The case for a National Rehearsal Orchestra for New Music
Judging by my own experience of approaching professional orchestras with a view to being able to offer a new score for consideration, I believe that there is a need for a full-sized professional symphony orchestra dedicated entirely to playing contemporary music. The advantages of having such an institution would be manifold:
it would provide opportunities for contemporary composers to hear their music played at a high level, even if just in rehearsal
it would take away the uncomfortable need of other professional orchestras to risk box office receipts by performing new, unknown and unpopular music
it would concentrate the relatively small number of people (nonetheless a sizeable minority) who are interested in listening to new music into one place, thus maximising audience numbers for such music
it would enable some composers to become better known, creating a demand to hear the music played by the established professional orchestras
by playing through to a high standard many other scores, it would enable a great deal more composers than at present to hear their music, and to go away with a recording
it would provide our country with a far better reflection of the development of contemporary music culture than happens now
it would give an opportunity for professional players who become fed up with the endless repeats of 'safe' repertoire 'classics' to reinvigorate their desire to play at the highest level
and it would encourage many more excellent composers to write for orchestra, rather than give up because of the present inaccessibility to the closed shop of the modern professional orchestra
A National Rehearsal Orchestra for New Music would, like any other professional orchestra, require some state subsidy. And, like any other professional orchestra, it would be required to make most of its income through box office receipts and commercial recordings. In addition, agreements would be made with the composers of all the music played that in the event of any scores or individual composers becoming famous and established in the national and international repertoire, a percentage of the income generated for the individual would be given to the National Rehearsal Orchestra for New Music.
The National Rehearsal Orchestra for New Music should be constituted like any other professional body, with a principal conductor and a core of experienced professional players, as well as the usual administrative staff required to run it all. In addition there would need to be several assessors whose sole task would be to examine submitted scores, not to judge their aesthetic qualities, but rather to be able to select only those scores that were competent and practical. I believe that there should also be encouragement for new performing artists, and new conductors. It should become the natural home of musical opportunity, an institution genuinely interested in new music as well as any suitably skilled players or directors interested in promoting contemporary composition.
The experiences I have had trying to have my scores looked at have been very frustrating. Most of the orchestras I have approached do not have any mechanisms for contemporary composers like me to make proper contact. Very few seem to have any staff dedicated to liaising with composers, and this is in spite of the fact that there appear to be considerably more administrative staff than the professional players they are supposed to be supporting. It is little wonder that there is huge antipathy towards contemporary new music, because running costs are huge (and arts grants are usually the only way orchestras can survive these days) and new music is unpopular and keeps audiences away. Such orchestras have to design programs based on popularity in order to attract the punters. Quite often the token gesture towards new music is based on having a residency for or association with just one composer, or maybe a link with one of the national music colleges. Sometimes there are 'invitations' to new composers to submit scores for a day's workshop of a chosen few. In reality these are hugely oversubscribed, and, because very few scores are chosen, enormously disappointing to most. Besides, there are strict limitations as to the type of score required: a specific instrumentation and a set length limit. These are very closed shop affairs, and in no way encourage composers in general. It might tick Arts Council boxes but is not at all sympathetic to the culture of contemporary music.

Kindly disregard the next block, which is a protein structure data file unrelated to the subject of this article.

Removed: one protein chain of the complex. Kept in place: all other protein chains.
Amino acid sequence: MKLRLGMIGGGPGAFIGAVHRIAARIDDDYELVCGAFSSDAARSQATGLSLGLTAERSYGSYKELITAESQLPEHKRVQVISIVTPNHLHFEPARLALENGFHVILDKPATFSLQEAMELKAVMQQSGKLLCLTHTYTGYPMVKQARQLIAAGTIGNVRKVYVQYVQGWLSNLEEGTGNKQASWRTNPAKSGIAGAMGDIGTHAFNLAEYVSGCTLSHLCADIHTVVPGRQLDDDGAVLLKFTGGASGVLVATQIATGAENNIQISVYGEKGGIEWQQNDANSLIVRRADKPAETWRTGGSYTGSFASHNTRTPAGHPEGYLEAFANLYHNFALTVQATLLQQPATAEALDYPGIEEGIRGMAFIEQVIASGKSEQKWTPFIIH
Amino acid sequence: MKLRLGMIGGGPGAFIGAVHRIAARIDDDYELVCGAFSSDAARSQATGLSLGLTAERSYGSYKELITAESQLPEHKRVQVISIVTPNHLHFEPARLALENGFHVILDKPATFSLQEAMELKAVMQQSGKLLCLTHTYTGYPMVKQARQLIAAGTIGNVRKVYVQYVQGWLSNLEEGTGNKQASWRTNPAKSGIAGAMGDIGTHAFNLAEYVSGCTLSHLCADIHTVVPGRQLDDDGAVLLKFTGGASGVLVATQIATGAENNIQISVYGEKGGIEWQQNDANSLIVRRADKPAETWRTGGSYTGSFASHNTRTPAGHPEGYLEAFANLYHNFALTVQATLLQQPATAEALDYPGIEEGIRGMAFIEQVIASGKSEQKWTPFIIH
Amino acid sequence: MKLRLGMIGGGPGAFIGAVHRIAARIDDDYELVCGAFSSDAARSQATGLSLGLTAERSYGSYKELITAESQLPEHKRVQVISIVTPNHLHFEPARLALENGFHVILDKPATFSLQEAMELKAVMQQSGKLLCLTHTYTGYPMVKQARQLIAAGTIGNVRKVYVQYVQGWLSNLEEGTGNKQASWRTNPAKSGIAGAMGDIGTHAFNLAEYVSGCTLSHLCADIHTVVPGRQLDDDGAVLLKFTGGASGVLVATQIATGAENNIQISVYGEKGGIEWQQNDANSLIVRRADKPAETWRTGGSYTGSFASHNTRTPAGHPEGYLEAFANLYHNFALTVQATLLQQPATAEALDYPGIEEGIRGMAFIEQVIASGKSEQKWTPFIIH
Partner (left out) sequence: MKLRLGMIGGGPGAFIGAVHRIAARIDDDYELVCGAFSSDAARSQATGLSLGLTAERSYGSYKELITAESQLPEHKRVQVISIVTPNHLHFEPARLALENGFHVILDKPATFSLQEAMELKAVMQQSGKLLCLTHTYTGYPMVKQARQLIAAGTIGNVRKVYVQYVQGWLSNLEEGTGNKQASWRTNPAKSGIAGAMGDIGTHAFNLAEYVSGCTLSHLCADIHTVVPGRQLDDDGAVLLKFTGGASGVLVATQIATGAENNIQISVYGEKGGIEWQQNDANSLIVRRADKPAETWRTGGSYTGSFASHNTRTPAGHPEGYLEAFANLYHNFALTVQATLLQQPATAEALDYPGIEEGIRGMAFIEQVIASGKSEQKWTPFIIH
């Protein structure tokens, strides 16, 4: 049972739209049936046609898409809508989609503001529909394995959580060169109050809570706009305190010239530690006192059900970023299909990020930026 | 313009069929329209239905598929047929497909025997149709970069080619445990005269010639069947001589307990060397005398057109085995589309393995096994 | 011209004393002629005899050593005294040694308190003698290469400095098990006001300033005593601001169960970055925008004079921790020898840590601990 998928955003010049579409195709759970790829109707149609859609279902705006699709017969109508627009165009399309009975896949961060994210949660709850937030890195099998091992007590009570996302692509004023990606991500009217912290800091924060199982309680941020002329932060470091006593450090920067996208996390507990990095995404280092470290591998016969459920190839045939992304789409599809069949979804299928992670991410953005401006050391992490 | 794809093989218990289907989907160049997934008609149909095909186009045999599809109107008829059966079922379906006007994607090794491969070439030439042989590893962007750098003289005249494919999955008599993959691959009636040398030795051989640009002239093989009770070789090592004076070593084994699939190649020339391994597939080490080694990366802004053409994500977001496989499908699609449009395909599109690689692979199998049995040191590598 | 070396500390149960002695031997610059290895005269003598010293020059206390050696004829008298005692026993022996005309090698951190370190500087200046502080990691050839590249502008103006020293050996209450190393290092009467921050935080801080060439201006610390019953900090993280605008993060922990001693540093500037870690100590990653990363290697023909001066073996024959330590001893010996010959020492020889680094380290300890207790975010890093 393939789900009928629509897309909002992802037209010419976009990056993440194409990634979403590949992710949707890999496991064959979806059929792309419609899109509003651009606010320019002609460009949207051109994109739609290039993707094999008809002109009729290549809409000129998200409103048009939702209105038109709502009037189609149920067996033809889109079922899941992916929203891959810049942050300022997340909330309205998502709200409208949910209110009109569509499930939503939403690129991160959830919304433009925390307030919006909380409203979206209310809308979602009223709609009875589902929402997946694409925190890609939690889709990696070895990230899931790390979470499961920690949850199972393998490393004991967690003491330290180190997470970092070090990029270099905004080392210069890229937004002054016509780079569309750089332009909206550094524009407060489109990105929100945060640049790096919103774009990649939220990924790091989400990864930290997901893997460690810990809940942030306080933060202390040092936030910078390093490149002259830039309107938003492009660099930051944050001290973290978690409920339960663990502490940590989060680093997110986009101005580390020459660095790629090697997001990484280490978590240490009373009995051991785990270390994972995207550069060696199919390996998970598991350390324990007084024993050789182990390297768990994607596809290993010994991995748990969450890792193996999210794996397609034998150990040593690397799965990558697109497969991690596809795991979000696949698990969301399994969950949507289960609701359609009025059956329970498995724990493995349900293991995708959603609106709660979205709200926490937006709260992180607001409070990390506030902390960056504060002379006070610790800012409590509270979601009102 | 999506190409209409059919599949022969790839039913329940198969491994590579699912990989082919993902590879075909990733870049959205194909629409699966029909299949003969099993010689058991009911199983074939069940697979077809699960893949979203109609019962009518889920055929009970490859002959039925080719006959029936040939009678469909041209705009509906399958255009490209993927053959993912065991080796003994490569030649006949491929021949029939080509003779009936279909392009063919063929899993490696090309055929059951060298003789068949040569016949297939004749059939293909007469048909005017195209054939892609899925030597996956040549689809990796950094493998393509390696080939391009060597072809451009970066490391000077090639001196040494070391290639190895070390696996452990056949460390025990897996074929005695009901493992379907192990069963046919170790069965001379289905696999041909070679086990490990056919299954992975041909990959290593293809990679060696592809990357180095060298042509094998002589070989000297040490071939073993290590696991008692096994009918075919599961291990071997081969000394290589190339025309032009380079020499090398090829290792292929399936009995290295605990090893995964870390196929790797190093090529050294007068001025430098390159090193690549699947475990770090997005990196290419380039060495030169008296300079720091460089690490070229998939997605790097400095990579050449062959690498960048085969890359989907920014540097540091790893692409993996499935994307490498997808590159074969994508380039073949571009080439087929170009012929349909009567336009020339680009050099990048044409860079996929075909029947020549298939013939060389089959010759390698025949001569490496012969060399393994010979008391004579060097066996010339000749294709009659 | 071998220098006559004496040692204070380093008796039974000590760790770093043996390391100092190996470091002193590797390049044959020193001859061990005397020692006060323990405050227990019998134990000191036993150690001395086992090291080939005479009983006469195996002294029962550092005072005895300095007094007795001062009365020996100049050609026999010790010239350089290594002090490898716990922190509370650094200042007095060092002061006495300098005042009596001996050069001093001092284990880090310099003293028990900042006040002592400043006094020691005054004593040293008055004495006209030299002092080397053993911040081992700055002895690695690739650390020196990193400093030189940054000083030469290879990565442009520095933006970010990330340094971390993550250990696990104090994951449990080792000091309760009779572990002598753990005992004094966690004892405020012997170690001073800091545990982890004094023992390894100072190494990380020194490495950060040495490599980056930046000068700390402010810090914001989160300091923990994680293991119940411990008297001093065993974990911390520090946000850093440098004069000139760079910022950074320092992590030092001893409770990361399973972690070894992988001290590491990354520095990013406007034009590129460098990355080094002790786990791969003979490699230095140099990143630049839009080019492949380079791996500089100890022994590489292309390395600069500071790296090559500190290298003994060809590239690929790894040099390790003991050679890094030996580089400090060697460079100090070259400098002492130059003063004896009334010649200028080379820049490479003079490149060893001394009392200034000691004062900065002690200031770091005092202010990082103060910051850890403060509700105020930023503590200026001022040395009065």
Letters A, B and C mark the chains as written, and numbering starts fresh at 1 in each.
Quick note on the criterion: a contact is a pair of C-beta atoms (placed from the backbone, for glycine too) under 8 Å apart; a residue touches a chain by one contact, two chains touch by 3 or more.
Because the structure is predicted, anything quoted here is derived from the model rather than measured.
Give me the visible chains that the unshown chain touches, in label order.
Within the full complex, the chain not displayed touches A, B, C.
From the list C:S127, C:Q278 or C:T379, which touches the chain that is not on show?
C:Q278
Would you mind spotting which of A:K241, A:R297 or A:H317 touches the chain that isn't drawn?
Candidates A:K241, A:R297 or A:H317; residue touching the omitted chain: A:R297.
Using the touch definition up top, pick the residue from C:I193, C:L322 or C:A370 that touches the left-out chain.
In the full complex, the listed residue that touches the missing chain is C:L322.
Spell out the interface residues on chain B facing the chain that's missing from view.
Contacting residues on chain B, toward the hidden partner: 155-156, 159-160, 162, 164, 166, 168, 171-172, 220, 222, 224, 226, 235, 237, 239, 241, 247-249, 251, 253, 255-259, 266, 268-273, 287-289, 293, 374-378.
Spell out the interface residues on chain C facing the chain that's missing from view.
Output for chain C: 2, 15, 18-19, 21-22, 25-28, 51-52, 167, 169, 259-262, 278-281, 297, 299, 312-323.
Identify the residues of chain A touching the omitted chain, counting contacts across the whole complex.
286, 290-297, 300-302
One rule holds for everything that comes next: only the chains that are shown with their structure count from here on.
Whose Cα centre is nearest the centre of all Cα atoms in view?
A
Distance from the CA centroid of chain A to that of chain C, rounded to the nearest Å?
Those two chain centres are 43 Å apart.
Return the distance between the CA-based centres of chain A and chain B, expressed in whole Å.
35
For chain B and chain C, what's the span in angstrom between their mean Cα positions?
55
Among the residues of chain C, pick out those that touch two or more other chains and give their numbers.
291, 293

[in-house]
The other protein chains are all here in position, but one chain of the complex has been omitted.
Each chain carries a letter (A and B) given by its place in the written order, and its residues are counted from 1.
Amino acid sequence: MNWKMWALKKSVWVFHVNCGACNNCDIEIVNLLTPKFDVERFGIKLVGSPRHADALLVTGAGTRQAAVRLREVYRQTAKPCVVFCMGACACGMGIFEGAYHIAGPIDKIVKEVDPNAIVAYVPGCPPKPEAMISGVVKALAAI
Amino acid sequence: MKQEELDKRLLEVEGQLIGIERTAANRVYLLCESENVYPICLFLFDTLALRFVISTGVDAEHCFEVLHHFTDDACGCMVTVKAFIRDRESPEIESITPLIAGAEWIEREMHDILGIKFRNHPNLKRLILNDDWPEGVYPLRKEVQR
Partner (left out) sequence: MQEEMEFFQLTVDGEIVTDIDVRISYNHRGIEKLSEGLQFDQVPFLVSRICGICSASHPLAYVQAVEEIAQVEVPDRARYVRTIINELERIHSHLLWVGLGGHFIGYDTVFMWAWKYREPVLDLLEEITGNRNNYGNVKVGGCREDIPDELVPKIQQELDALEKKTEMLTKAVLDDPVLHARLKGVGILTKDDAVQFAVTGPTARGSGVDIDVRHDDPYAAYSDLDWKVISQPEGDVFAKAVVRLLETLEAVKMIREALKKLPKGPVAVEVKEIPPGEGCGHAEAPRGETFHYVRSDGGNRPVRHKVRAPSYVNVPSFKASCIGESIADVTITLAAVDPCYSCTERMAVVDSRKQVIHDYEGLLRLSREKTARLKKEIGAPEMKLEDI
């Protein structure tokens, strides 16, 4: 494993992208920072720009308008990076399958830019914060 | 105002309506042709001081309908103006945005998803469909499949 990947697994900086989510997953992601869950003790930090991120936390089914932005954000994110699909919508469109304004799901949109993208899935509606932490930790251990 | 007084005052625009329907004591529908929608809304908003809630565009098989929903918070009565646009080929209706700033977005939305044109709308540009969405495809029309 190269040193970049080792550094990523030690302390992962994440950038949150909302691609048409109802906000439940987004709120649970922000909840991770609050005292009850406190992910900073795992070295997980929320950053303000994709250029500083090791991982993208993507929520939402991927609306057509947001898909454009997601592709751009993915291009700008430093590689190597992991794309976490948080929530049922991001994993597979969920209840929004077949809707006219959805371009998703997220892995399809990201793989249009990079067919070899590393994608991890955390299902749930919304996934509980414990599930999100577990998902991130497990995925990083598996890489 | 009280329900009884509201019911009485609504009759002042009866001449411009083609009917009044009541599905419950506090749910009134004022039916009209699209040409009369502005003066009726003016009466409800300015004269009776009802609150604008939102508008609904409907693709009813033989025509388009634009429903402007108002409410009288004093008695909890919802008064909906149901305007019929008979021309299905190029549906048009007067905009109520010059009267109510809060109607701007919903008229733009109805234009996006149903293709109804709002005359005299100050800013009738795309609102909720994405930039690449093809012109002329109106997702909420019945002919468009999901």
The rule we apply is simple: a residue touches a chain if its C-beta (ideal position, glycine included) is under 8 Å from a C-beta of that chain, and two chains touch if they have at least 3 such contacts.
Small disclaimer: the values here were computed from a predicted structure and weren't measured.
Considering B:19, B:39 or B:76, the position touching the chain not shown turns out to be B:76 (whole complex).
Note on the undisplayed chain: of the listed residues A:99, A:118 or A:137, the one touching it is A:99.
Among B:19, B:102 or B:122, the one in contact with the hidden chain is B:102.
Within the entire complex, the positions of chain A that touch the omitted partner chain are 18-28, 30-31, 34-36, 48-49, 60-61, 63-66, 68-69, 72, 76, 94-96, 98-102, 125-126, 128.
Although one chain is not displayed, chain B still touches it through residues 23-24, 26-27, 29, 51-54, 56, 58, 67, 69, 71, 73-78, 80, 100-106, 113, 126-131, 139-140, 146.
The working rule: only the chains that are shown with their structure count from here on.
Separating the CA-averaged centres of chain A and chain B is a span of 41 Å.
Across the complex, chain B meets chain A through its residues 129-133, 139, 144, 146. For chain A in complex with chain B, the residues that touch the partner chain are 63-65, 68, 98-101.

The depressing truth of the contemporary music world is that most of it never gets heard. Instead there is a relatively small number of popular contemporary composers – by and large writing in a fairly easy and popularist style – (often described by commentators as 'the greatest living composers'). Thus does the "catch-22" circle continue to go round and round: only by being performed over and over do any contemporary composers become well-known, but until they are well known no professional orchestra will be prepared to play their music. This is terribly disappointing and dispiriting, and creates an unrepresentative idea of what our contemporary music culture actually is. If media success is all that determines what music is performed then we are doing a terrible disservice to the composing talent of our country. For this reason, I firmly believe that we desperately need a National Rehearsal Orchestra for New Music.